Quietly, behind closed doors, online poker giant PokerStars has been readying one of its largest software upgrades in years. Now, months after pokerfuse first…

Quietly, behind closed doors, online poker giant PokerStars has been readying one of its largest software upgrades in years. Now, months after pokerfuse first revealed it was in the works, the company is at last rolling it out across its markets—and finally willing to talk about the update.

Codenamed Aurora, pokerfuse first uncovered the existence of new image assets back in December that suggested a major table redesign was in the works. Files and sound effects hinted at new, graphically rich table themes, including one for Christmas, and a rewrite of the old Saloon theme.

However, these themes never went live beyond the dot-net client, and after a brief initial press statement PokerStars stayed tightlipped—until now. The operator is starting to roll out Aurora to real money players; currently in Portugal, and soon into other markets.

Via an exclusive interview with Severin Rasset, Director of Poker Innovation and Operations, with Poker Industry PRO, we take a look behind the curtain at the operator’s major platform overhaul that will define the company’s 2019 product strategy.

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PokerStars first starting using the new game engine for the rich experience behind its poker-esports hybrid game Power Up and its built-in mini-game, The Deal.

“While the functional part of this is a bit technical, for our players the improvements will make their experience more interesting with higher resolution, realistic physics, crisp and clean graphics and smoother and more lifelike animations,” said Chris Straghalis, Director of Poker Product for PokerStars, in a statement to pokerfuse earlier this year.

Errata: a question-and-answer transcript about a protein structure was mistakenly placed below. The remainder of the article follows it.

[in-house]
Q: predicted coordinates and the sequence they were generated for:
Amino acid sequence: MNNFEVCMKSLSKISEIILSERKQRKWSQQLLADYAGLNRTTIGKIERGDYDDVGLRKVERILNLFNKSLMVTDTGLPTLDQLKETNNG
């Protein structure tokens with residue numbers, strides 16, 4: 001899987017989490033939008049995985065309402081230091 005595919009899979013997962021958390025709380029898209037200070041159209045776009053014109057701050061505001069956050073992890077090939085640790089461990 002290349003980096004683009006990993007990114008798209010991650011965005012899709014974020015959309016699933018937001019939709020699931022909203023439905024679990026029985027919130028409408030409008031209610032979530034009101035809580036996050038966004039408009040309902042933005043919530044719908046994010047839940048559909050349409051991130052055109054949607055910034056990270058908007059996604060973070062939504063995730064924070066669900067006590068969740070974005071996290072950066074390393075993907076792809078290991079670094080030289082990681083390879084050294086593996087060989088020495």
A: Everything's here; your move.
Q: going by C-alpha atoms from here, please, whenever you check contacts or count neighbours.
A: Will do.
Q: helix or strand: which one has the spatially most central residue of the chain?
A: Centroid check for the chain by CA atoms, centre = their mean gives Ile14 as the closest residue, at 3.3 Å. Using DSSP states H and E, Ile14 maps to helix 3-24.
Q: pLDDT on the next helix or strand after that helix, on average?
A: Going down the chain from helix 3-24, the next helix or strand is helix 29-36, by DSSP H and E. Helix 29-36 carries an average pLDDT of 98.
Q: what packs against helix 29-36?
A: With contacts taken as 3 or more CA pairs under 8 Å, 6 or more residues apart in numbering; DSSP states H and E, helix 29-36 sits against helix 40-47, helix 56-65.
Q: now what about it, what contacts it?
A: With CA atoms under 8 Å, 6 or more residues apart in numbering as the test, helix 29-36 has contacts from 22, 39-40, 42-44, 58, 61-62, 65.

Now, the company is starting to use Aurora for other games. First deployed in the dot-net client and later rolling out for real money games in Portugal, the new engine is set to power the entire table experience. It will roll out internationally in the coming weeks and months.

Every theme has seen tweaks, in very different ways. The classic theme, for example, is more minimalist, with a single orange glow as a backdrop to a dark green felt, whereas the saloon theme has become busier—with beer bottles, a sheriff’s badge as a dealer button, even animated smoke coming off a cigar at the table.

However, with some themes the changes are very subtle. The default table has seen very minor tweaks—a change to the buttons, a tweak to the colors—that can only be seen when compared side-by-side.

That’s by design. PokerStars wants the initial change to be “nearly invisible to players,” said Rasset.

“[T]he main goal when we do these kinds of things is that we want to take our time in making sure that it’s working properly,” Rasset, told Poker Industry PRO. “We cannot afford to find ourselves with something that would be crashing on a regular basis for real money players.”

“I really expect that players are just going to get really used to [it] and … that it will not create any disruption in their normal play,” Rasset continued.

The new engine will allow for rapid application development. “It’s much quicker to do the same things … it opens up a new realm of possibilities,” said Rasset. “If you spend one tenth of the time to do something, then you can actually start to envisage doing much more.”

This could include changes beyond the in-game experience at the table. The company is looking at upgrading the experience before you join the table, and in tournament lobbies. And the company is exploring more ambitious ideas.

“I would love to have more functionality within the client that we can quickly integrate,” said Rasset. “For example, just imagine that PokerStars School could become something that is more integrated within the client.”

When can you expect to play with the new Aurora? Rasset said that it would continue to roll out market-by-market, and by the third quarter of this year the company may be considering the “complete retirement of the legacy engine.” However, he was also quick to caution that there was no time pressure.

“Again, the beauty [of this] is that we have our options open on the table,” he added. “There is no particular pressure in terms of timelines to release something. The current tables are working perfectly fine, it’s just we want to aim for more … but has to come first with quality and reliability.”